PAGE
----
Unemployment rates rose and total employment fell in all 50 states and Washington in April, the department’s Bureau of Labor Statistics said in a release (pdf). The 43 states that set new unemployment rate records can be found in Table A of the linked document.
Hardest hit was Nevada, the state with the greatest reliance on the embattled food services and hospitality industry. The jobless rate in Nevada surged 21.3 percentage points to 28.2 percent, nearly twice April’s national unemployment rate.
The states with the second and third highest jobless rates in April were Michigan, which hit 22.7 percent after seeing a monthly surge of 18.4 percentage points, and Hawaii, where the unemployment rate grew by 19.9 percentage points to 22.3 percent.
The national unemployment rate rose by 10.3 percentage points over the month of April to 14.7 percent.
The smallest over-the-month jobless rate increases took place in Nebraska (+4.3 percentage points) and Connecticut (+4.5 percentage points.)
All 50 states and Washington saw nonfarm payroll employment numbers plunge in April. The largest job drops occurred in California (-2,344,700), New York (-1,827,300), and Texas (-1,298,900).
U.S. stock indexes moved in a flat-to-low range on Friday as markets have struggled to gauge the pace of economic recovery from the outbreak of COVID-19, the disease caused by the CCP (Chinese Communist Party) virus.
Still, investor optimism over the U.S. economy gradually emerging from the lockdowns have put the major indexes on course for weekly gains, with the S&P 500 set to add more than 2 percent.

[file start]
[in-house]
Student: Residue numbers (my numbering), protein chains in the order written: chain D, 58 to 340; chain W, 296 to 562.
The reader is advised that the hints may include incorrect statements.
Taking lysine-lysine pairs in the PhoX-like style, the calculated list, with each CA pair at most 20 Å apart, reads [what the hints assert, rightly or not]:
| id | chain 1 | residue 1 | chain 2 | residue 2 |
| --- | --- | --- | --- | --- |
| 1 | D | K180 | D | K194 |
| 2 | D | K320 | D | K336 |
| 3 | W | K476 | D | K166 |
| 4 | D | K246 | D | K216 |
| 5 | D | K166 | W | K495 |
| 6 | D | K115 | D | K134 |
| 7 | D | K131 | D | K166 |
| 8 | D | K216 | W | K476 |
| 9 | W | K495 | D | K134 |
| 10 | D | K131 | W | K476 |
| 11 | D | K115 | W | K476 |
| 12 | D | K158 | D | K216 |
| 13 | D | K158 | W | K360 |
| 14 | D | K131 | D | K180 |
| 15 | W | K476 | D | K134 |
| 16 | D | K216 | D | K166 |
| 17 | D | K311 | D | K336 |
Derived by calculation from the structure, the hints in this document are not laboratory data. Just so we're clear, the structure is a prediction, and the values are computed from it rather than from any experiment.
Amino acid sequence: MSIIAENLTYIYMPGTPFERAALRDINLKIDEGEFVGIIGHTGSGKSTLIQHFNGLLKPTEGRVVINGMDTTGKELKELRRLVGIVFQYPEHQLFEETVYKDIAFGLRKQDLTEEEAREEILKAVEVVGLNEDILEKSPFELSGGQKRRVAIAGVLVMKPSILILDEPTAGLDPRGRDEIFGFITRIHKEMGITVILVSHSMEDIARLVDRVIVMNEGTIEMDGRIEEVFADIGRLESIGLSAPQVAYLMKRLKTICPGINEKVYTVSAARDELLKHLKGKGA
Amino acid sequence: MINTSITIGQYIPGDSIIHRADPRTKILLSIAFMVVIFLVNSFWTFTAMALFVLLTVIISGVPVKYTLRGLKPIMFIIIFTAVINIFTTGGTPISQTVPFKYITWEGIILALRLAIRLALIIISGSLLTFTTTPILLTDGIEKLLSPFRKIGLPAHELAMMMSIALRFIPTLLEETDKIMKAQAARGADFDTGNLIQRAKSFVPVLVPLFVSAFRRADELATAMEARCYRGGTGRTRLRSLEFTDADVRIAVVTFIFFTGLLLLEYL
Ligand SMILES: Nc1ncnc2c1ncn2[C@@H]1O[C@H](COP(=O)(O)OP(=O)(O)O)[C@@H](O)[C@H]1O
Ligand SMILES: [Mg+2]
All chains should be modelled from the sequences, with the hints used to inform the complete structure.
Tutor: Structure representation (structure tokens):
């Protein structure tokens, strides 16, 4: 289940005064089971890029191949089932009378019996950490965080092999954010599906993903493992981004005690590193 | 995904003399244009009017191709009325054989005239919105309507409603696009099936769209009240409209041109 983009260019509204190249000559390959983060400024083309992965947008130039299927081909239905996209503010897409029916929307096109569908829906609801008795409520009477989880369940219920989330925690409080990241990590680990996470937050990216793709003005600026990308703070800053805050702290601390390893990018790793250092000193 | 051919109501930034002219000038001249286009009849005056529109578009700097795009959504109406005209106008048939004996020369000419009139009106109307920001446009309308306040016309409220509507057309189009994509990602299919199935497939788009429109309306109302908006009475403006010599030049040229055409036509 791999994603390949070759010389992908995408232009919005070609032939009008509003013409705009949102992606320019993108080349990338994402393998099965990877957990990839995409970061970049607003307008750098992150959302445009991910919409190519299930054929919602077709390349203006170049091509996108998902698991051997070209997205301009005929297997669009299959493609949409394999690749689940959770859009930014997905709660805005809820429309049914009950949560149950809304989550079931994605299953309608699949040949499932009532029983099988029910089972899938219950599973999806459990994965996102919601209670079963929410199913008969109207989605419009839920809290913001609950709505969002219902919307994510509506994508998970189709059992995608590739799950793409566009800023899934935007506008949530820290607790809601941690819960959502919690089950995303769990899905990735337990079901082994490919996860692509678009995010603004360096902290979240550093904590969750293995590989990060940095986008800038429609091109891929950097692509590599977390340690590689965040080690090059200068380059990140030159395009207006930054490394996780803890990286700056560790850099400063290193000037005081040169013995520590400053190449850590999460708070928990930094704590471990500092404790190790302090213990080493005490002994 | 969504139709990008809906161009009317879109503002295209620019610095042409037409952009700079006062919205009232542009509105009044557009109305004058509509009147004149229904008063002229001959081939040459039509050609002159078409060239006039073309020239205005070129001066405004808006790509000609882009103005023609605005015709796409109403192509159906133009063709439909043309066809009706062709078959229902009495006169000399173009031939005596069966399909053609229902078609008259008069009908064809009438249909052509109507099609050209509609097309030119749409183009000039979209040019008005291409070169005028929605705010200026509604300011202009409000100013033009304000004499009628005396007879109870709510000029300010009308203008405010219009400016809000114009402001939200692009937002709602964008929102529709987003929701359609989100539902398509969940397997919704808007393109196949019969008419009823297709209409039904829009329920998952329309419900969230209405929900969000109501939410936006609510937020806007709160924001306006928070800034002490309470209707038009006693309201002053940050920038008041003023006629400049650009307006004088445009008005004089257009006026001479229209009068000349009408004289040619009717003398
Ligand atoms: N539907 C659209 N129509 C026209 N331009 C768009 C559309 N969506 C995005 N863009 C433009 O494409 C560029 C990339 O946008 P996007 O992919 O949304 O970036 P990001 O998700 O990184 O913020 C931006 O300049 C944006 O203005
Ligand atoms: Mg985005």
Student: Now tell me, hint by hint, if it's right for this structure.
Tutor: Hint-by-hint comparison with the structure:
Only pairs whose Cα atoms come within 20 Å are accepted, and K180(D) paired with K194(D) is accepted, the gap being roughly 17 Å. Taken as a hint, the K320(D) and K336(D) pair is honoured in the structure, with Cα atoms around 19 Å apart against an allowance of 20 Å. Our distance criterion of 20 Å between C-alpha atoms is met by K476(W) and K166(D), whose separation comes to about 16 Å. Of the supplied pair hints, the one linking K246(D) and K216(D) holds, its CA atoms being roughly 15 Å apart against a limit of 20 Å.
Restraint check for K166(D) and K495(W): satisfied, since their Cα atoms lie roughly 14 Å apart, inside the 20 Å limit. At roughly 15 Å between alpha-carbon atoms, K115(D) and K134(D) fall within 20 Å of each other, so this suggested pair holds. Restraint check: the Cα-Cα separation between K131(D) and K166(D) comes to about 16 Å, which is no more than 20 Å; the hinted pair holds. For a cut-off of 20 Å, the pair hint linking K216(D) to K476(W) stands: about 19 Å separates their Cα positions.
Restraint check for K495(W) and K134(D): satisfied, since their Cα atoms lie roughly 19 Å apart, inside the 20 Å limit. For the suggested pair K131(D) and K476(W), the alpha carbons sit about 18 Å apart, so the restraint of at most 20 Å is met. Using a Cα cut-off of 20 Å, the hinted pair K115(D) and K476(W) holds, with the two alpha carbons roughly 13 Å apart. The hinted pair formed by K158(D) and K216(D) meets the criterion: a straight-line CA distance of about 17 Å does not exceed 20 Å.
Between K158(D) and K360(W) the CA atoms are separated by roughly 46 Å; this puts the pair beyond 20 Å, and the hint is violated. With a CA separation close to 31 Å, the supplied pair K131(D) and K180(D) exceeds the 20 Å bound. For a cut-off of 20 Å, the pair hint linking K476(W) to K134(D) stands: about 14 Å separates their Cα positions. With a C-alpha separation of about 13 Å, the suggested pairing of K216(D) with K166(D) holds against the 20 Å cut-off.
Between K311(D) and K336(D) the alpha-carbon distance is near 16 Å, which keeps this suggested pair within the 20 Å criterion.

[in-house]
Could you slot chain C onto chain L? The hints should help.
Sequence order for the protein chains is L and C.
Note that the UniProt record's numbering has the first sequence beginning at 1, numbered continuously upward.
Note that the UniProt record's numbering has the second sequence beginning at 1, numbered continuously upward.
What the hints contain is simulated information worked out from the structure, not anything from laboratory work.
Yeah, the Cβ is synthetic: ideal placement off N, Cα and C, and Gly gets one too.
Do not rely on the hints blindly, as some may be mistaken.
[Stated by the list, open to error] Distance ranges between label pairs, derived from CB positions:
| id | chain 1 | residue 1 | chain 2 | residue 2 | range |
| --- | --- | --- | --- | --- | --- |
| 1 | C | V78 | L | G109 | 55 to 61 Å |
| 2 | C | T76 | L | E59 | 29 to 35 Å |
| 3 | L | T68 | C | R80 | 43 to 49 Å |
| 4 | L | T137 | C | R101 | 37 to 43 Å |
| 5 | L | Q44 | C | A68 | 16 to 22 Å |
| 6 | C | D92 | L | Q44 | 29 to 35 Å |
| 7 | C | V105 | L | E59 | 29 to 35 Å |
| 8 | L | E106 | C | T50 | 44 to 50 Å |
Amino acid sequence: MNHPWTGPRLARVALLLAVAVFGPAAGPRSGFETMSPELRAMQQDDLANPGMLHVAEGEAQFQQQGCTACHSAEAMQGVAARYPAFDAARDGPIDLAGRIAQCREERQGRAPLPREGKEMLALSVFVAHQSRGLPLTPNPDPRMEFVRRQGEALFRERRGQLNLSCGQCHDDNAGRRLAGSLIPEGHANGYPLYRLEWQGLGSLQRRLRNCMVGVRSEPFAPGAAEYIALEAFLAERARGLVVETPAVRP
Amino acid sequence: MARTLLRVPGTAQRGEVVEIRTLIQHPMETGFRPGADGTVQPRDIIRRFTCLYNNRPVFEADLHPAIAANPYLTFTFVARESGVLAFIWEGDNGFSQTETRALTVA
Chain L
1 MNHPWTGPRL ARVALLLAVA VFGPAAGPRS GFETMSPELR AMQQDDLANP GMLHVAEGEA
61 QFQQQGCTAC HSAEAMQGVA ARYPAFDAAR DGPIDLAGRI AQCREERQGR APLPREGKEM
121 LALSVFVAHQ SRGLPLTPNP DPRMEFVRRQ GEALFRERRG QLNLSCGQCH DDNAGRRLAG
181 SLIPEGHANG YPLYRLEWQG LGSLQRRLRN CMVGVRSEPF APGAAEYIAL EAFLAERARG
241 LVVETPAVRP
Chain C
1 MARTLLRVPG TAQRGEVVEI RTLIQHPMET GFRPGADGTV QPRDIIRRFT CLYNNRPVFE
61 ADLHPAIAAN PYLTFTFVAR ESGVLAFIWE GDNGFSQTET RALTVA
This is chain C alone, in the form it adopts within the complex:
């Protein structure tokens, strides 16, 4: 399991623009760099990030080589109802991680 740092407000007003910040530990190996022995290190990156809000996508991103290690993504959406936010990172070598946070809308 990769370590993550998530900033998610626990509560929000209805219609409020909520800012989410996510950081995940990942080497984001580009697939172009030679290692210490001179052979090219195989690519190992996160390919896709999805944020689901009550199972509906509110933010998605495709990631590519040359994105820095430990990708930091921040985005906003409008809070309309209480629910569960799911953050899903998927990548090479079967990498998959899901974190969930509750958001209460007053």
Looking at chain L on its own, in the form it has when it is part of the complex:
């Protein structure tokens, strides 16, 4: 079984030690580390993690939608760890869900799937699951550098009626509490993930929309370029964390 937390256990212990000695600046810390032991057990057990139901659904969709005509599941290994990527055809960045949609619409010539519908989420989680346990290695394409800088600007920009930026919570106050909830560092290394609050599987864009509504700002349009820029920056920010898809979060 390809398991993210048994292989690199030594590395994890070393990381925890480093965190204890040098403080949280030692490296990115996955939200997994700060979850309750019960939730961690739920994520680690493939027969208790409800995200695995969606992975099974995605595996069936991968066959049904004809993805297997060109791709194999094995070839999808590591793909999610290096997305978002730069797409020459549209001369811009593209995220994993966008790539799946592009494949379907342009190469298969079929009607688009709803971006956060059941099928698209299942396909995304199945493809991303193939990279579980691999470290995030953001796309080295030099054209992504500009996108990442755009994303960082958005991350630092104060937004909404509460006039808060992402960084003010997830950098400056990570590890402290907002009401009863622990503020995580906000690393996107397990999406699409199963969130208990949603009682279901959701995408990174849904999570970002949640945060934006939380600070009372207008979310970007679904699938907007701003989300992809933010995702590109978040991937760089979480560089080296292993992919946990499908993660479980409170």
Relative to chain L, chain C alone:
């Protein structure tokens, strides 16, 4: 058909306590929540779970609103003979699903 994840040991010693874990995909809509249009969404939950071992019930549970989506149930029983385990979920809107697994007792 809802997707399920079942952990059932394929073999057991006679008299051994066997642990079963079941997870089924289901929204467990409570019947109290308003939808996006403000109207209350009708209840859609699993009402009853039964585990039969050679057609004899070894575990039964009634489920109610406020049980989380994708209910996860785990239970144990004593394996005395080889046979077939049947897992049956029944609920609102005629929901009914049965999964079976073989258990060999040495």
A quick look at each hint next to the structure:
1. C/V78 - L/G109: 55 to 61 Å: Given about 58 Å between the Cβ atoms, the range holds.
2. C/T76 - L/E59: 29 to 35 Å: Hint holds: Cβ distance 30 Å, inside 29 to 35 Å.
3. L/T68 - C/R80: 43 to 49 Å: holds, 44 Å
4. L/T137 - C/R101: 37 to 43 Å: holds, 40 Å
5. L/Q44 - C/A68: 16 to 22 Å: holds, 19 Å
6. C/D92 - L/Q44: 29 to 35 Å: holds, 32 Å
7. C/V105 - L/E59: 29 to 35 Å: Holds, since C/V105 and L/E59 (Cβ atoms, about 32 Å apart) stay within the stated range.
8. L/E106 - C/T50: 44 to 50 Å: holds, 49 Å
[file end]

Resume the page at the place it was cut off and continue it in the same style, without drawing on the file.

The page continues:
That optimism was echoed by both President Donald Trump and his top economic adviser, Larry Kudlow, who said Wednesday that economic output in the third quarter could surge by 21.5 percent, which Kudlow said would make it “the biggest growth quarter in American history.”
Kudlow, speaking at a White House meeting Wednesday with the governors of Arkansas and Kansas, based his comments on revised economic estimates by the Congressional Budget Office, which predicted a second-quarter annualized contraction of 37.7 percent that the presidential adviser called a “predictably rough pandemic contraction.”
As states have imposed restrictions on work and travel, the second quarter of 2020 has been widely predicted to be the worst in American history, with Federal Reserve Chairman Jerome Powell recently estimating gross domestic product (GDP) in Q2 would fall by between 30 and 40 percent.
But as states begin to lift lockdowns, there are signs of green shoots.
Arkansas Gov. Asa Hutchinson, a Republican, told Trump at the meeting that his state is “back to work” and that the state’s sales tax revenue will likely bounce back faster than expected.
Trump, who has championed reopening of the country to speed an economic revival said Wednesday, “We’re going to open up. I call it ‘transition to greatness.’”
“I think you’re going to have a very good fourth quarter,” Trump added, calling the third quarter “a great transition period.”
“States are opening up, some rapidly, safely,” the president said.
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